Wells Fargo's dual towers have risen dramatically at 550 and 600 Fourth Street South in downtown Minneapolis. The congregation of 5,000 workers in these two 17-story buildings will be the economic engine that invigorates the city's eastern corridor on a daily basis.

There is also a new domed stadium in that area, and on Sunday at noon, the first football game will be played: an exhibition between the Vikings and the cheapskate Chargers from San Diego.

The stadium certainly has a dramatic look with its pointy front aiming north. The big windows were open Friday morning, providing a breathtaking look at the walkways that customers will use to get to their licensed seats in the $1.15 billion football cathedral.

St. Paul has "The X" for hockey, and the University of Minnesota has "The Barn" for basketball and "The Bank" for football," and now "The Zygi" seems to be catching on as the nickname for the new dome.

And why not? All citizens of Minnesota are feeling pride in having provided Zygi Wilf, the New Jersey real estate mogul, with this opportunity for incredible enrichment after what he's provided us as the Vikings owner:

An 87-88-1 record in 11 regular seasons, with an additional 1-4 mark in playoff appearances.

The relationship between the Vikings and the current Minnesota Sports Facilities Authority (MSFA) is certainly much better (cozier?) than it was between the Vikings and the Metropolitan Sports Facilities Commission (MSFC) in 1982.

Michele Kelm-Helgen, the chairwoman of the MSFA, has gushed with tribute every time the Vikings have bought a couple of big-screen TVs for this pointy structure. Don Poss, the executive director of the MSFC, had the Vikings so mad that they filed suit against the commission on Aug. 20, 1982, the day before the first football game in the Metrodome.

It was a Saturday night exhibition against the Seattle Seahawks. The Vikings won 7-3, with Tommy Kramer throwing an 11-yard touchdown pass to Joe Senser late in the third quarter. Senser also blocked a pair of field-goal attempts.

Matt Blair and company would block kicks routinely at Met Stadium, often with opponents trying to get the ball airborne from a divot of dead grass or the dirt of a baseball infield. Senser managed his blocks with the Vikings playing their first home game on artificial turf ever, where there was no such thing as a bad lie for a placekicker.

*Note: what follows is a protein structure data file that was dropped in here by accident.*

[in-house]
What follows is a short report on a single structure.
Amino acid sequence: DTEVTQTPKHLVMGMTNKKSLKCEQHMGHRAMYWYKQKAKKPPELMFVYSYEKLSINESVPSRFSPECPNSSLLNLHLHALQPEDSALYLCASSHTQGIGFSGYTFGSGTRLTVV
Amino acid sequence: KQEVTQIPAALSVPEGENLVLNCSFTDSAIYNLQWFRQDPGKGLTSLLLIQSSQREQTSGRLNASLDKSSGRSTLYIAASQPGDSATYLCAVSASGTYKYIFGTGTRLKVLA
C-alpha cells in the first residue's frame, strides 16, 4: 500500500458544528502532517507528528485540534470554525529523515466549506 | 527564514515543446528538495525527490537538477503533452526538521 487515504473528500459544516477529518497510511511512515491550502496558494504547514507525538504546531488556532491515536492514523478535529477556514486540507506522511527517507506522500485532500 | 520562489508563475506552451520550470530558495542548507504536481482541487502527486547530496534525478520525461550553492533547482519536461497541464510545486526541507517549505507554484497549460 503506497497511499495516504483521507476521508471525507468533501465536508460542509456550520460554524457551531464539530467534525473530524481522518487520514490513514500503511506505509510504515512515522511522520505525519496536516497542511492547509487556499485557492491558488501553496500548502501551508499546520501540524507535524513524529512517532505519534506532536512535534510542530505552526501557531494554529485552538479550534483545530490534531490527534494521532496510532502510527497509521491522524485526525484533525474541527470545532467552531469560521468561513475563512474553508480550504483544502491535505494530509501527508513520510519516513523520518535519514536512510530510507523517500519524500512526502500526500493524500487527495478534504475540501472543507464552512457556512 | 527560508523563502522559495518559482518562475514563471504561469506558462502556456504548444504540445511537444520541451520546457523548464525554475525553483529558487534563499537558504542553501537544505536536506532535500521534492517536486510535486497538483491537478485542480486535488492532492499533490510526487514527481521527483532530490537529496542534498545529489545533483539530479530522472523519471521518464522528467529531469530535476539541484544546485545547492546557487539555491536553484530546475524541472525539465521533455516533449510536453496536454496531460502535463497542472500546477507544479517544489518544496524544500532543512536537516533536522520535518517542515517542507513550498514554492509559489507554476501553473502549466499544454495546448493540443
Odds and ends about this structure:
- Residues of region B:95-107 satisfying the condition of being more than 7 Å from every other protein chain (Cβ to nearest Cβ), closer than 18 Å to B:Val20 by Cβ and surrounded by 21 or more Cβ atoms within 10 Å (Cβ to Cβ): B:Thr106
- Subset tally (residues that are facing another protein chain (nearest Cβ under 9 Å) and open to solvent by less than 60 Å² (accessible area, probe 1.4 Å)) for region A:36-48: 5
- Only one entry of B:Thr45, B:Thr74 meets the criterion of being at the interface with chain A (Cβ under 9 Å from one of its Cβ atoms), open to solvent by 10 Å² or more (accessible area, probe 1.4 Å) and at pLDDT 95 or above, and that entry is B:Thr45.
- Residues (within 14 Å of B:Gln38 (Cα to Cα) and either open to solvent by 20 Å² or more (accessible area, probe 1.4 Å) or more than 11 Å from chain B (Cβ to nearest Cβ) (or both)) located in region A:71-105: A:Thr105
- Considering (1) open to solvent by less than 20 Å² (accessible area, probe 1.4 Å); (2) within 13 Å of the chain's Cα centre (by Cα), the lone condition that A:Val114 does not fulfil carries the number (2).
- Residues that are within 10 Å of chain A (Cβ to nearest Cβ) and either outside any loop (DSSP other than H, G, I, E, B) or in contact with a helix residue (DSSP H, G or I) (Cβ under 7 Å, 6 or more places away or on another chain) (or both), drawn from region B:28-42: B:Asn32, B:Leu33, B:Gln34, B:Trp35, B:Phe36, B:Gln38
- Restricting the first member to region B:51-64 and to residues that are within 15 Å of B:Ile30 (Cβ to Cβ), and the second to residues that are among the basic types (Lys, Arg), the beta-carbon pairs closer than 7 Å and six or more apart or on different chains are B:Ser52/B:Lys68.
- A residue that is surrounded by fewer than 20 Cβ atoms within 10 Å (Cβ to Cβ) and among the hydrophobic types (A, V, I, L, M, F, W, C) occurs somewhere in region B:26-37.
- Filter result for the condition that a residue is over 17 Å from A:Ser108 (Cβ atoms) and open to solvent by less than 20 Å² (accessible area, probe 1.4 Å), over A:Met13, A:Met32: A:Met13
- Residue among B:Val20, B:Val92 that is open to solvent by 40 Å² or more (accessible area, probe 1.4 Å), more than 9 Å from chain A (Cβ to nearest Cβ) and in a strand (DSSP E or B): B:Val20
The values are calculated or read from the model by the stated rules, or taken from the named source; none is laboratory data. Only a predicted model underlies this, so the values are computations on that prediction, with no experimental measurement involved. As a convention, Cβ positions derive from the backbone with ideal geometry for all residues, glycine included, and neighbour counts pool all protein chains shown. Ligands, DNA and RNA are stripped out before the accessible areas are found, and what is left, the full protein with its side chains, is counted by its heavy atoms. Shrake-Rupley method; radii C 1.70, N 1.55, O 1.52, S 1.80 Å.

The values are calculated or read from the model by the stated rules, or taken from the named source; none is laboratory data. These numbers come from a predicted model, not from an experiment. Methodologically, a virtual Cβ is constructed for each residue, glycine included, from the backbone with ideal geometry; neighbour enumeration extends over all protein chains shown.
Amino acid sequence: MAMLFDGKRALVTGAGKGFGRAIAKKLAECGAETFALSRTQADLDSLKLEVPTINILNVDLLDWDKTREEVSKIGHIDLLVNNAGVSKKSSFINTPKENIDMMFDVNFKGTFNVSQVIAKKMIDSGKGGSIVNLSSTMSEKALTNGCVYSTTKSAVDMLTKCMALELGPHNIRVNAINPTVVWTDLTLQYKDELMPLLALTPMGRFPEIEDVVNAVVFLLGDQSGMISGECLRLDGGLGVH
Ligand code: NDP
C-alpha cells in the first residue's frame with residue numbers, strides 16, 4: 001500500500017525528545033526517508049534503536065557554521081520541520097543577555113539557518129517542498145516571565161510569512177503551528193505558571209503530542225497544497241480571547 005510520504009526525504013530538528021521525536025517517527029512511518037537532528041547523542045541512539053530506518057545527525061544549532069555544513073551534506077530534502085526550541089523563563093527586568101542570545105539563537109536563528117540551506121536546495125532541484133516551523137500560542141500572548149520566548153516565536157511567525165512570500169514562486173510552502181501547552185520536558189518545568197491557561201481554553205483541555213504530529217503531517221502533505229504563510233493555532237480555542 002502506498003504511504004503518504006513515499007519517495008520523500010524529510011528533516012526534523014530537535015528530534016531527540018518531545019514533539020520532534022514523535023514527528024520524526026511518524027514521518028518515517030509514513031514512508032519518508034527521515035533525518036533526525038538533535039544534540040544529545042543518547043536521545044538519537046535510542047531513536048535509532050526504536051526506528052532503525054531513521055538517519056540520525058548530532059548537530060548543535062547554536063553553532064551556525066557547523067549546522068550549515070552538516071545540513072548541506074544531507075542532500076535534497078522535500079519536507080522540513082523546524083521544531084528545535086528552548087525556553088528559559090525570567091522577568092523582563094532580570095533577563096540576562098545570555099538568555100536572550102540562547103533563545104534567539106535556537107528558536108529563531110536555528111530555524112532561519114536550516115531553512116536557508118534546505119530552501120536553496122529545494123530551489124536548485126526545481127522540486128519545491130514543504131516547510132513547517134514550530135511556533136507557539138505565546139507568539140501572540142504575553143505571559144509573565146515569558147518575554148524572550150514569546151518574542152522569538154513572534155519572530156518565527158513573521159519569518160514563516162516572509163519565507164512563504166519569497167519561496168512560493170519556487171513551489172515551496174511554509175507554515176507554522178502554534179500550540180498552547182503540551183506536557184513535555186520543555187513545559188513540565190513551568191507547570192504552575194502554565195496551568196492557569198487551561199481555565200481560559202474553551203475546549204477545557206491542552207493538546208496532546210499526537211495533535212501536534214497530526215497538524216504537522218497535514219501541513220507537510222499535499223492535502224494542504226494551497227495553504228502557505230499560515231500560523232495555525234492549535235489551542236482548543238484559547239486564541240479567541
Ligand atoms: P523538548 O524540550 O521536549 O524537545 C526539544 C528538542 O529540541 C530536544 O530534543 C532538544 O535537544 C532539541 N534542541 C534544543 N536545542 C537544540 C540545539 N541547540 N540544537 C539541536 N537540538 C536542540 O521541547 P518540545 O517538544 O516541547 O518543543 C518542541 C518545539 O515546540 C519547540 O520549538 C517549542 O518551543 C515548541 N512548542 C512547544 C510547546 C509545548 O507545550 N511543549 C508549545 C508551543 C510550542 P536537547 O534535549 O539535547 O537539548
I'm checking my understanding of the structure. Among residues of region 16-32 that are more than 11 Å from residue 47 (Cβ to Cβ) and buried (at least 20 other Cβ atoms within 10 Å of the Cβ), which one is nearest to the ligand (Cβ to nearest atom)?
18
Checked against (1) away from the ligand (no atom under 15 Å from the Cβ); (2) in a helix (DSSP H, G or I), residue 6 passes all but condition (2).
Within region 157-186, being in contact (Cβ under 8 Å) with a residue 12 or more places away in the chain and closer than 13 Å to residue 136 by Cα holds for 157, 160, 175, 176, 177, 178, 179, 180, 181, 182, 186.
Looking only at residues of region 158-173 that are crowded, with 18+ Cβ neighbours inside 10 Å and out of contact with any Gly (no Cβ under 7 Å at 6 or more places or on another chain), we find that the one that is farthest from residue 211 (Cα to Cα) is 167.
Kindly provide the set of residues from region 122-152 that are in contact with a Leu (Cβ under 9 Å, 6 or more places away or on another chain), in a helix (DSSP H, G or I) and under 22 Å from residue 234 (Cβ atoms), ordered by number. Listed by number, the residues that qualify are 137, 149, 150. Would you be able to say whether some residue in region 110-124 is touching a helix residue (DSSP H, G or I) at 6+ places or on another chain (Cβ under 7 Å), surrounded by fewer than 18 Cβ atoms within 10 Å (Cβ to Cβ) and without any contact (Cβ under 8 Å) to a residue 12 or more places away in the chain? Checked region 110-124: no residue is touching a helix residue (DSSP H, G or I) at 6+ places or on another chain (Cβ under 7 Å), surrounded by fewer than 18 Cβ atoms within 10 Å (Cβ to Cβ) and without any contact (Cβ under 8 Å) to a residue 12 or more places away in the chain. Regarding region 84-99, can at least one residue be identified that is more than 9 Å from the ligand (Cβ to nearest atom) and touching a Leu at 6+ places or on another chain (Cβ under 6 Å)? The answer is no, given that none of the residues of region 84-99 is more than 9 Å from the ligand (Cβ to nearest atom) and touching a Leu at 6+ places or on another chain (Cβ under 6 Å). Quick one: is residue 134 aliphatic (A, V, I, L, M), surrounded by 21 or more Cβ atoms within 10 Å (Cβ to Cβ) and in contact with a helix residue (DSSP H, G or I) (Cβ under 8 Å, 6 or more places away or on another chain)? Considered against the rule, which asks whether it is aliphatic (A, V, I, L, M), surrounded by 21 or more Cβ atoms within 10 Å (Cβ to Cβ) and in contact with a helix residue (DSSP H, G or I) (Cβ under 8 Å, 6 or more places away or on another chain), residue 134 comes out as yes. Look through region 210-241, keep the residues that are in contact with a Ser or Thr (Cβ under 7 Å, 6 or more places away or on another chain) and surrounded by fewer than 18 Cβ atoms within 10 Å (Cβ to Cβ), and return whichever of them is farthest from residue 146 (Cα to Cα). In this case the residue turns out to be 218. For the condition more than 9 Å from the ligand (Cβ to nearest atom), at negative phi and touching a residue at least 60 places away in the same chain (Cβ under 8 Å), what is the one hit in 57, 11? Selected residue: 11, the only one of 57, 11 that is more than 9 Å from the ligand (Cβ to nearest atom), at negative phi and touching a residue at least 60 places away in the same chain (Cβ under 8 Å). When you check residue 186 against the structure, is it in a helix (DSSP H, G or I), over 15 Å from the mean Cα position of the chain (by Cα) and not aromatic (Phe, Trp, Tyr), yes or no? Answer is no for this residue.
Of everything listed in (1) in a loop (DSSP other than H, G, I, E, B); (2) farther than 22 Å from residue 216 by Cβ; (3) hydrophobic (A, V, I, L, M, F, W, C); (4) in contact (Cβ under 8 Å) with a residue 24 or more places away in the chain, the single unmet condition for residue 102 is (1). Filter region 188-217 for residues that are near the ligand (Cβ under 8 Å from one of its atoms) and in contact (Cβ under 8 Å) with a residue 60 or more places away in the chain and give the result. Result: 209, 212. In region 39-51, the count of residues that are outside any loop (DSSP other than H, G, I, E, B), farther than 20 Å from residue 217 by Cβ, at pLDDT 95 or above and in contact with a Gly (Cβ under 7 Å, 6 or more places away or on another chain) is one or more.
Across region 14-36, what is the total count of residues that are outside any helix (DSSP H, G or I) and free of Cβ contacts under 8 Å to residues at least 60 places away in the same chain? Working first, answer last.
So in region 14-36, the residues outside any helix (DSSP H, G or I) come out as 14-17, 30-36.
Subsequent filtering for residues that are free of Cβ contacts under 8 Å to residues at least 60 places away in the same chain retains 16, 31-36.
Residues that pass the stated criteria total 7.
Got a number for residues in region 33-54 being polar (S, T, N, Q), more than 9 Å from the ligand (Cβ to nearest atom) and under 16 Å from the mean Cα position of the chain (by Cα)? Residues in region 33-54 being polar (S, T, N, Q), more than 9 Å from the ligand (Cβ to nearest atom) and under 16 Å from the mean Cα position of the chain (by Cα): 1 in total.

That game was played with Ed Garvey and the NFL Players Association threatening to strike if Commissioner Pete Rozelle and the owners did not agree to give a 55 percent cut of revenues to the athletes.

The strike was called after the second week of the season. It lasted for seven games, before the players came back for a nine-game schedule and a 16-team playoff.

The Seahawks and the Vikings met at midfield and shook hands in a show of unity before the first game at the Metrodome.

Three months later, the unified players caved as they always have against the NFL, settling for a one-time payment of $60 million and some enhanced benefits to return to work.

The topic for the 57,880 fans in attendance (there were also 3,284 official no-shows) was not the grandeur of the big blue room. It was not the possibility of a strike-shortened season. It was not the Vikings' feeble offensive display.

It was the heat.

I had met my bride earlier that summer. As a favor, I got her a couple of tickets for the first football game in the Metrodome. She's still mad at me.

That August night in the Metrodome came up in conversation this week. "All I remember is everyone suffocating," she said.

It was the first "Wave" in that dome — not for a unified cheer, not with Homer Hankies, but everyone in the place waving a hand, a program, anything that might help, in front of their faces to create a small breeze.

Don Poss had been so determined to keep the price tag under the budgeted $55 million that the Metrodome opened without air conditioning. The Poss posse went so far as to espouse the theory that with much of the Dome below street grade, it would be naturally cooled.

The Vikings' main complaint in the suit against the commission for providing an "unfinished stadium" was that lack of air conditioning.

Considering it was 89 degrees with a moderate humidity on their opening night, and 15 people were treated for heat exhaustion, and 60 percent of the overheated crowd was gone by the time the Vikings finally scored — well, that pretty well proved the Vikings' case on air conditioning.

The air conditioning was installed during the winter and was ready for the 1983 baseball opener. Much needed though it was, a functional cooling system did ruin a fine nickname:

The Sweatrodome.